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Question to all faiths: What is "fasting" for?

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posted on Sep, 18 2013 @ 02:47 PM
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reply to post by Sahabi
 

Sure. Fasting was not instituted for God's benefit. It is there for ours. Makes sense that it would be useful for us.




posted on Sep, 18 2013 @ 09:14 PM
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Sahabi
reply to post by veteranhumanbeing
 


Sahabi
Fasting is not synonymous with starvation or putrefaction. My replies have not propagated such a thing as deprivation or self-inflicted suffering. Neither have I endorsed any type of prolonged withholding from sustenance.

Hunger is one of the many sensory perceptions that we are intrinsically bound to. There is no wisdom in vilifying or demonizing hunger or eating. Simply, we choose how and when to eat,... instead of blindly being enalaved to hunger. Through short-intervals of fasting, we overcome one desire of many, and gain a clear understanding of another aspect of our Self. We achieve a greater level of patience. We gain a greater appreciation for food.


I understand the nature of the lesson; however as I regard foodstuffs as FUEL to nurish the mind/body I cannot deprive myself of what little I eat of it, whole grains, fruit, vegetables, brewers yeast etc. So I am not needing the reminder of gluttony, as I think of myself as a grownup humanbeing knowing the better course for the maintainance of my general wellbeing and health. Any kind of deprivation would be a criminal sabotage affecting thought process, potencial damage to/or organ shutdown. I dont understand your rational is all. If fasting is for the FEASTERS (gout proclivitors) I am all for it, but Im thinking the idea of fasting was not initially invented by westerners..but by the eastern faiths, and they of all people needed the nurishment because they have all experienced many periods of hardship/starvation. Are you sure this is not just a way to placate the starving into thinking daily nurishment is not what its owned up to/cut out to be, just an idea fed to those that cannot feed themselves; as in this should/would be understood as a true solid thoughtform, ie. periods of starvation are normal and the acquiescence of this potenciality are ritually ingrained in the psyhe.
edit on 18-9-2013 by vethumanbeing because: (no reason given)



posted on Sep, 19 2013 @ 09:42 PM
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reply to post by wildtimes
 


Hello there wildtimes. Peace!


For those who suffer from any type of metabolic/physical ailments and must adhere to certain dietary obligations, fasting is not the way to go :p

In such cases, fasting from a particular favorite food, which will not negatively effect one's ailment, could be as rewarding as normal fasting. Or fasting from a particular modern luxury, such as television, music, video games, Internet, and even a fast from artificial light and electricity.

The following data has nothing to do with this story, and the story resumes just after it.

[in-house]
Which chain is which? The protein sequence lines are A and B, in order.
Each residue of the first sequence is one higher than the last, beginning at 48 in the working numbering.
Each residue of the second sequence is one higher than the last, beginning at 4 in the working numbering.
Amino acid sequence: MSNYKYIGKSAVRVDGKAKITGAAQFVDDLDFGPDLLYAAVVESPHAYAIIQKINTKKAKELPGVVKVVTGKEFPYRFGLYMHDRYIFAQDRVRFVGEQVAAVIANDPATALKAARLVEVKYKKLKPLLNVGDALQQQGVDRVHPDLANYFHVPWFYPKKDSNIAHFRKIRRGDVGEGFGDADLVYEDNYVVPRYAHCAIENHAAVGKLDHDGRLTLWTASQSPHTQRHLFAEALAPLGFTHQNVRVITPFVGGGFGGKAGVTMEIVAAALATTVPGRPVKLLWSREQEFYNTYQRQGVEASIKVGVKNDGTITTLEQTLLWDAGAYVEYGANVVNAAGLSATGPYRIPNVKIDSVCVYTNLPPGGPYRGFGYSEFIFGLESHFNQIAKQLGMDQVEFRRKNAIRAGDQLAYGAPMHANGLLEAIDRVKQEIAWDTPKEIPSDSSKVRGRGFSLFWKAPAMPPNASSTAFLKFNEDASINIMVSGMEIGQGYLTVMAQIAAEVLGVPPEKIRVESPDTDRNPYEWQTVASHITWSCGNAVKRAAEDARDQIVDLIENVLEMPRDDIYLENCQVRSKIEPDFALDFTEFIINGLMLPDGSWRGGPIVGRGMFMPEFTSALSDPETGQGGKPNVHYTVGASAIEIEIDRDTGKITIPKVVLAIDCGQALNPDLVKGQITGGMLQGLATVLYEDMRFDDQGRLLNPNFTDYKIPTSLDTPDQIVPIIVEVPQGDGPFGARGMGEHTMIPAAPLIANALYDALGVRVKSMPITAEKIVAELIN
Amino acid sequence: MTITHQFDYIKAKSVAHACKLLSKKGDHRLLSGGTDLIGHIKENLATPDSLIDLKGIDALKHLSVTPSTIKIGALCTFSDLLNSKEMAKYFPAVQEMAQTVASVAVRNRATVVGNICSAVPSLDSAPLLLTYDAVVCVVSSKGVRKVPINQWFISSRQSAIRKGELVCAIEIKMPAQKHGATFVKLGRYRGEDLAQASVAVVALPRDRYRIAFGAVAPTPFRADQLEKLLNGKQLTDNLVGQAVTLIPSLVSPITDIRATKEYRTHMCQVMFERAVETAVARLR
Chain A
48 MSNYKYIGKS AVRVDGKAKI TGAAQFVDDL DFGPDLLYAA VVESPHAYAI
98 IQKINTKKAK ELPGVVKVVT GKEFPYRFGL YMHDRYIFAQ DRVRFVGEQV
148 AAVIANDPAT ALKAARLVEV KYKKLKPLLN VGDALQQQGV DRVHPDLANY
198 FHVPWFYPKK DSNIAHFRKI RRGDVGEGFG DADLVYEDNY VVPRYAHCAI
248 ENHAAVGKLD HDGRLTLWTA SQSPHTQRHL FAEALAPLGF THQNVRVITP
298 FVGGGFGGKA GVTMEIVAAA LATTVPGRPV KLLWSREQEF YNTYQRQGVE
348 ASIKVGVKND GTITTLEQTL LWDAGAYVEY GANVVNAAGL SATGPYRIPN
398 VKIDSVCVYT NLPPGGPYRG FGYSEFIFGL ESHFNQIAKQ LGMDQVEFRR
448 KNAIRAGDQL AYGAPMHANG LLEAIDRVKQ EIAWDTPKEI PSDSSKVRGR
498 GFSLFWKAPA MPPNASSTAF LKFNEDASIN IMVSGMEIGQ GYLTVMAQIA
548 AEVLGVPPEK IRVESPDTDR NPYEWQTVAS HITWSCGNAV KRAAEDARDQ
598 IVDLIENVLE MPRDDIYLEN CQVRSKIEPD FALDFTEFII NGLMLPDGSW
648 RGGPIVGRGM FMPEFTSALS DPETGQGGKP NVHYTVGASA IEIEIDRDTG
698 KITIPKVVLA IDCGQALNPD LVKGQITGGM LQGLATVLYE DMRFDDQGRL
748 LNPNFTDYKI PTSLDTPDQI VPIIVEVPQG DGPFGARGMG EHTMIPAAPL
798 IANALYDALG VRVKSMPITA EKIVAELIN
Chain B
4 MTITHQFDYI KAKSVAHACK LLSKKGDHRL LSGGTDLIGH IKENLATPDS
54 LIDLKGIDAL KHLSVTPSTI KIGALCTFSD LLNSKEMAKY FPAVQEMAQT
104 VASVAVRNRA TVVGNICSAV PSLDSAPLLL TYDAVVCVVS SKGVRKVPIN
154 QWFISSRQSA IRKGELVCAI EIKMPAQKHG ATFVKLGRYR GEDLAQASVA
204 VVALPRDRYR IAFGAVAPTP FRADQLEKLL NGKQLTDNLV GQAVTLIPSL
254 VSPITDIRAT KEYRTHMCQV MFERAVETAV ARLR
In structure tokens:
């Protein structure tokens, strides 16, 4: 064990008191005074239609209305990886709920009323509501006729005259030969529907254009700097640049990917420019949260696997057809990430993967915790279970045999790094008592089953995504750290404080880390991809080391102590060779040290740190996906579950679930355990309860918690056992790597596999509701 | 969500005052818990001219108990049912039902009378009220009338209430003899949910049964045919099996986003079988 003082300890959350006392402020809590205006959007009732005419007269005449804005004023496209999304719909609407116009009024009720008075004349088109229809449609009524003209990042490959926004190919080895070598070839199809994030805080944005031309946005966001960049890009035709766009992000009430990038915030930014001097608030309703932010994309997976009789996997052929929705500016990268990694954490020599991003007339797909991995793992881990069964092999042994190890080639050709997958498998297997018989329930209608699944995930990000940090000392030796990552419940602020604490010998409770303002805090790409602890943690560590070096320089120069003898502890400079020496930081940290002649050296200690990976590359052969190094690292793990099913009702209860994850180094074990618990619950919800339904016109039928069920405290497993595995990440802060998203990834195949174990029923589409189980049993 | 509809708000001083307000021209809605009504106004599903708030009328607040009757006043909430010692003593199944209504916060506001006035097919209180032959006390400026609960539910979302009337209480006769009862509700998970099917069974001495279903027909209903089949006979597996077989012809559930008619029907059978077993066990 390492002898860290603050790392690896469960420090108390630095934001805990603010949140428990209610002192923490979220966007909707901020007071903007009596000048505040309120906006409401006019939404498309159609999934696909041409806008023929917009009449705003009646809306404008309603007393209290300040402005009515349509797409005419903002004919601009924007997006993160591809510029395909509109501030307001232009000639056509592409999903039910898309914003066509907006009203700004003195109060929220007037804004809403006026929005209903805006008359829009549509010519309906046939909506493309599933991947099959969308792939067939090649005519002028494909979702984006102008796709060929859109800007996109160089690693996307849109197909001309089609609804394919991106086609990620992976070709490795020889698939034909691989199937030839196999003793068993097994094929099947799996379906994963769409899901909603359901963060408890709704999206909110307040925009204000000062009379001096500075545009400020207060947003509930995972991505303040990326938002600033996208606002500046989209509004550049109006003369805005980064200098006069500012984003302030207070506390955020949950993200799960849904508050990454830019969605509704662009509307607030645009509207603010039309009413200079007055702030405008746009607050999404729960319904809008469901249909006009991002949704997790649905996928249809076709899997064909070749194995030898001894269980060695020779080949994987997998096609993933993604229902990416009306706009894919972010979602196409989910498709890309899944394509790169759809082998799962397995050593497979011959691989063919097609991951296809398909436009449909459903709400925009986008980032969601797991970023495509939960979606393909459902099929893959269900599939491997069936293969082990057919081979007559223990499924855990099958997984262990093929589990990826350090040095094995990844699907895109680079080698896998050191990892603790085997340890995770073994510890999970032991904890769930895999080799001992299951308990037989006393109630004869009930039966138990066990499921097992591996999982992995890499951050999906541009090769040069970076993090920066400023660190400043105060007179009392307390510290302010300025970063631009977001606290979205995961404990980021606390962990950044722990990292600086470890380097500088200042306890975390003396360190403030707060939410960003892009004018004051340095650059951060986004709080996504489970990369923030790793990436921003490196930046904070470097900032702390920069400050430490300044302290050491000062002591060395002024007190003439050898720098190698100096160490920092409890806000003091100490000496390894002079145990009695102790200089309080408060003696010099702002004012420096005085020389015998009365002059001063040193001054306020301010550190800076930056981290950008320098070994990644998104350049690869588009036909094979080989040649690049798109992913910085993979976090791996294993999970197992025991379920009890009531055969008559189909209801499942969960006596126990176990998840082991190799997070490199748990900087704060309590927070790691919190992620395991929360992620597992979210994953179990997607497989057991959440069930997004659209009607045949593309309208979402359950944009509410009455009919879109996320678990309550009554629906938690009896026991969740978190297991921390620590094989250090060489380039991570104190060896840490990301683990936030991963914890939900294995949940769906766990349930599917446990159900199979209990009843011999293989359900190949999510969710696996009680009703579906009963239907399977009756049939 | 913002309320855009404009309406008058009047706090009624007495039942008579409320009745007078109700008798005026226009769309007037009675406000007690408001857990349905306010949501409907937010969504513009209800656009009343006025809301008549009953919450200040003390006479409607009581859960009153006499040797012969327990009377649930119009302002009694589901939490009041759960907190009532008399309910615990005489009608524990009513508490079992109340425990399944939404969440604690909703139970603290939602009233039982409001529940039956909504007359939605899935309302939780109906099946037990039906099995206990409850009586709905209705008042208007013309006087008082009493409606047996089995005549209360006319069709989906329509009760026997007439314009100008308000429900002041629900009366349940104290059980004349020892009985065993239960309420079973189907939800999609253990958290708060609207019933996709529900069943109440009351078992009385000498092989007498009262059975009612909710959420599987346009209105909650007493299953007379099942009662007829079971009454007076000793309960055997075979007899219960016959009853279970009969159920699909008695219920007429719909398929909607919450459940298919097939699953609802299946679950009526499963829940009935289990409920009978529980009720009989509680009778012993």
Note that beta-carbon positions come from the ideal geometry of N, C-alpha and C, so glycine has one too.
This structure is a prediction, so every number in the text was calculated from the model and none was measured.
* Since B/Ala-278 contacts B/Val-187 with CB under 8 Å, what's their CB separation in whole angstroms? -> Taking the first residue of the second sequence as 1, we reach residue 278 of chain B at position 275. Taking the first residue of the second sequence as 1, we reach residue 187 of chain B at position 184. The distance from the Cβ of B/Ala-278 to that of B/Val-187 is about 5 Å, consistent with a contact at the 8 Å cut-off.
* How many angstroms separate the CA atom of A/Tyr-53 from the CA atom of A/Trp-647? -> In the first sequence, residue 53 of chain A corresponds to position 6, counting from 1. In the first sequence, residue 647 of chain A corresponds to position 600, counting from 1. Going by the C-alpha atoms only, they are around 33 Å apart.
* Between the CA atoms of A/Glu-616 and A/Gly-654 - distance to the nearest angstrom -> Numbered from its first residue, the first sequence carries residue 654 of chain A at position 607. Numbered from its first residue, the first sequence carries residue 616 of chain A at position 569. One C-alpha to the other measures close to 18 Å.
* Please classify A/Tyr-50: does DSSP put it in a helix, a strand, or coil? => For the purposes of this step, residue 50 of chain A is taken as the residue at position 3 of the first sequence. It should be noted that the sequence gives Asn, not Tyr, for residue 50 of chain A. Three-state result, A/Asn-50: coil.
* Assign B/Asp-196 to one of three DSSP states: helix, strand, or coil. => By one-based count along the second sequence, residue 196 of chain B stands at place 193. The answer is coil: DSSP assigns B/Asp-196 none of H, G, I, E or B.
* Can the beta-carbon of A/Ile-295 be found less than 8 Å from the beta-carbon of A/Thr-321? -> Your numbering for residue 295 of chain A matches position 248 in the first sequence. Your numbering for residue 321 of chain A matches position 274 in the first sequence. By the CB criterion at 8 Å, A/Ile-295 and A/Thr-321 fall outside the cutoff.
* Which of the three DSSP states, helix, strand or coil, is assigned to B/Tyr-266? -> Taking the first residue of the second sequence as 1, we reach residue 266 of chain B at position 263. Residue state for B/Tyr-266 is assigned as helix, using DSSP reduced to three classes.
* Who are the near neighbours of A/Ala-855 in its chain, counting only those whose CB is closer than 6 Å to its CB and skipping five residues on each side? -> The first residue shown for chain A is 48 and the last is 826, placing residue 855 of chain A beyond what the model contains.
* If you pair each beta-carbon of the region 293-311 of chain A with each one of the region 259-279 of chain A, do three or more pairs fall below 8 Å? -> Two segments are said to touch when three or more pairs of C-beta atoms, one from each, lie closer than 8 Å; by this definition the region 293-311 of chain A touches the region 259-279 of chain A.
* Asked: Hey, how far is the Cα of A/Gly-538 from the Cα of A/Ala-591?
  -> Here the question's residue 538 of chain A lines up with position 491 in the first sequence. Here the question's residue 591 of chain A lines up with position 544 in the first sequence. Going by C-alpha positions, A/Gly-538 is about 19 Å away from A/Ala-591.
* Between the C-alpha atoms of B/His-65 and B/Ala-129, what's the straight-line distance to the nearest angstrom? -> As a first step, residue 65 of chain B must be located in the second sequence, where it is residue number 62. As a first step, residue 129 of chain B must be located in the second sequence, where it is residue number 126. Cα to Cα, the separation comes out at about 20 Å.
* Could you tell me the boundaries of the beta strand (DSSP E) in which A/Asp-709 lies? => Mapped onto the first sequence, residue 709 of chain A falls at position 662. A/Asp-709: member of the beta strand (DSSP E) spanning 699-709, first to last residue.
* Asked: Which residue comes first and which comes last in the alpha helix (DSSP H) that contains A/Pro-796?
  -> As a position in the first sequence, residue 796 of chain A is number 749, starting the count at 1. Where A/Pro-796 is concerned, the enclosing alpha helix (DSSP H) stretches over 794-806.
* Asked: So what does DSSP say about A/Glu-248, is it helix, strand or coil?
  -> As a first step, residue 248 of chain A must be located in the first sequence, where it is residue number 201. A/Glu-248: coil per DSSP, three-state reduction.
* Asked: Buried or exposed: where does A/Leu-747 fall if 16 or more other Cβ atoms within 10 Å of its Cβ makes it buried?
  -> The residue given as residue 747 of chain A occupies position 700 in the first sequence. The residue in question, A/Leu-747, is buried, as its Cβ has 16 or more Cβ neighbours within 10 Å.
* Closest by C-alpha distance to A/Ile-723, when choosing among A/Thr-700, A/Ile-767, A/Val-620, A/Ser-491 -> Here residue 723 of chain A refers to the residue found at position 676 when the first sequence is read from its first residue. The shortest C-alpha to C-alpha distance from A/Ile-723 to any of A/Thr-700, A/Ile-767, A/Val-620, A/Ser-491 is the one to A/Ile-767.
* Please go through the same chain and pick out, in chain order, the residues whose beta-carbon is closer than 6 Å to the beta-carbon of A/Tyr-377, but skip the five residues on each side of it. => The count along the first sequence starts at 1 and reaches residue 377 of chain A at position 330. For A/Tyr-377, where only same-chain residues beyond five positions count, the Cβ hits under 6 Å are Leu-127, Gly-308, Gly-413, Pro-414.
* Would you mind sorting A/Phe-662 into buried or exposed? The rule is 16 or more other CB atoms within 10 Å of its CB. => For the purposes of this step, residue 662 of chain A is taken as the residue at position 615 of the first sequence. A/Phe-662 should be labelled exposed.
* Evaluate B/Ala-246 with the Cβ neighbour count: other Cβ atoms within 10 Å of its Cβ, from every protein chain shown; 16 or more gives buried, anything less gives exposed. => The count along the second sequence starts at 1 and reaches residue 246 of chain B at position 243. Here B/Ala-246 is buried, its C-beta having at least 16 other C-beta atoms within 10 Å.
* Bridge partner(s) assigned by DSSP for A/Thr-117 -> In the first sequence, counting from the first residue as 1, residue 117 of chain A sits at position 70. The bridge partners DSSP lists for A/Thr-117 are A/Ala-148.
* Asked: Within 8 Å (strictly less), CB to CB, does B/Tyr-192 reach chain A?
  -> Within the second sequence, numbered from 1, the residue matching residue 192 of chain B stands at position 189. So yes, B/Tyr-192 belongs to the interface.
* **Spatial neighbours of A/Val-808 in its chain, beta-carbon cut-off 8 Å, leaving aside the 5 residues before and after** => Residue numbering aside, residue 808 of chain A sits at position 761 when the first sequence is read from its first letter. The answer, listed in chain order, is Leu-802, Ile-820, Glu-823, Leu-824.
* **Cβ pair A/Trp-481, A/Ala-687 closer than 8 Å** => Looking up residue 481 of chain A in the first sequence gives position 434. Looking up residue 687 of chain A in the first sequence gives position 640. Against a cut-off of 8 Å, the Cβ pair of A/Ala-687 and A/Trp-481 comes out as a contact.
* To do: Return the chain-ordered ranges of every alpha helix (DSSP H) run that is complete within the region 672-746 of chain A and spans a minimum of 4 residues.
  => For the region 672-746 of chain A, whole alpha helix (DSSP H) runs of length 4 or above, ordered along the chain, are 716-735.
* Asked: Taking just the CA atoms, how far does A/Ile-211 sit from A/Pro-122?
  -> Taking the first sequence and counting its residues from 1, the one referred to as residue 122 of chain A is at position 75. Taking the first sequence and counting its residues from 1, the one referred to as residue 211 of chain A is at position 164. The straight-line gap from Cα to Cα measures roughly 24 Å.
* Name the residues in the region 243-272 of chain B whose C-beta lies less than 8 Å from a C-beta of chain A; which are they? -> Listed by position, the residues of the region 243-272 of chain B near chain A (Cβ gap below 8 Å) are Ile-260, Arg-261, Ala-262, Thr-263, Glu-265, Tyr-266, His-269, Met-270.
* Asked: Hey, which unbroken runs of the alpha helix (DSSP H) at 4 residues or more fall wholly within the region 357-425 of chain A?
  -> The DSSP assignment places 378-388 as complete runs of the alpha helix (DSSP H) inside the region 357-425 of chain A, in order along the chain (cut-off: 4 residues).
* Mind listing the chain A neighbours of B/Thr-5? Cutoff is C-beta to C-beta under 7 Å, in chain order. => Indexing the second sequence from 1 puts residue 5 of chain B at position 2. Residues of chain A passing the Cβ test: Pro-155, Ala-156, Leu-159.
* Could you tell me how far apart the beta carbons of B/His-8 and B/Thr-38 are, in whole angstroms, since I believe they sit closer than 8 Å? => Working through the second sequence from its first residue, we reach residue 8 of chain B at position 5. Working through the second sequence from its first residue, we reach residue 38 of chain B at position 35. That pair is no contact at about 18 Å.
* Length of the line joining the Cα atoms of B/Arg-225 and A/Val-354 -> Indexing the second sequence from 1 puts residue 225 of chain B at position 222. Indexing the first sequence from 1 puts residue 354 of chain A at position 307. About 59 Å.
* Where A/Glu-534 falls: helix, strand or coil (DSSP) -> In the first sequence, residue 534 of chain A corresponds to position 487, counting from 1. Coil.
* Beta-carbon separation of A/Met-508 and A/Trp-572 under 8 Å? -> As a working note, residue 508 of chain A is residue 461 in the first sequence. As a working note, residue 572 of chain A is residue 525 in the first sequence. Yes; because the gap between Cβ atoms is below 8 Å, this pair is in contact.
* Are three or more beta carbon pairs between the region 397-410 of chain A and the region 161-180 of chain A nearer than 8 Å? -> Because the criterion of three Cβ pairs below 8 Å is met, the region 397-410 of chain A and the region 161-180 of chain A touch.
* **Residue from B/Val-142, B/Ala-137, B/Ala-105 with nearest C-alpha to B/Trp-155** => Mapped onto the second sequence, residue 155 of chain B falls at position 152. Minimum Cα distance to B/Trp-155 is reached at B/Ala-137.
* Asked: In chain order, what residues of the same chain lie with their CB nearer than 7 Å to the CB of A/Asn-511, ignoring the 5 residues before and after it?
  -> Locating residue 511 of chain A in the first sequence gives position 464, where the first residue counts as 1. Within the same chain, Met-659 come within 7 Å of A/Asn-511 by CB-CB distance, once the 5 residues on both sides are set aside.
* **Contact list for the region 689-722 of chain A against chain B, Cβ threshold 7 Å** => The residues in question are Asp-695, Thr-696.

The purpose of fasting is to develop patience, self-control/restraint, mindfulness, and a deeper understanding of Self and existence. There are a plethora of other ways to cultivate such qualities, fasting is just one of many avenues.

May Peace be upon you my friend



posted on Sep, 20 2013 @ 11:12 PM
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reply to post by wildtimes
 


Hi wildtimes,

My understanding of 'fasting' is that it it does several things.
1) Compassion - if you know what it feels like to be hungry, perhaps you will pay more attention to the suffering/hunger needs of others.

2) Challenge of Self-Discipline - we humans are filled with strong wants and desires that can "rule" what we do. To deny a basic desire for food or food and drink is a way of building self-control and personal discipline. The "raging horses" of desire can pull us in unhealthy directions if we don't learn to take the reigns.

3) To Do What Is Asked Even When It Is Hard - this is similar to number 2, but more specifically, to willingly suffer hunger in a structured way as a sign of one's love for the Beloved, and to expect that spiritual understanding and growth will be the end result of doing this.

4) For some it is physically beneficial and for others it is not or less so = that may be part of it, to give the digestive organs a rest. Most religions will allow people who are elderly or below a certain age, with child, nursing, sick, etc. to skip fasting as it is detrimental.

5) Spiritual Food - instead of eating physical food, the time normally spent eating is spent in prayer or meditation, or reading from spiritual writings, etc., thus 'replacing' physical food with connection with God.

All these things work together to make fasting, at least for people who can physically handle doing so, a potentially enriching experience.

Just my two cents...

- AB





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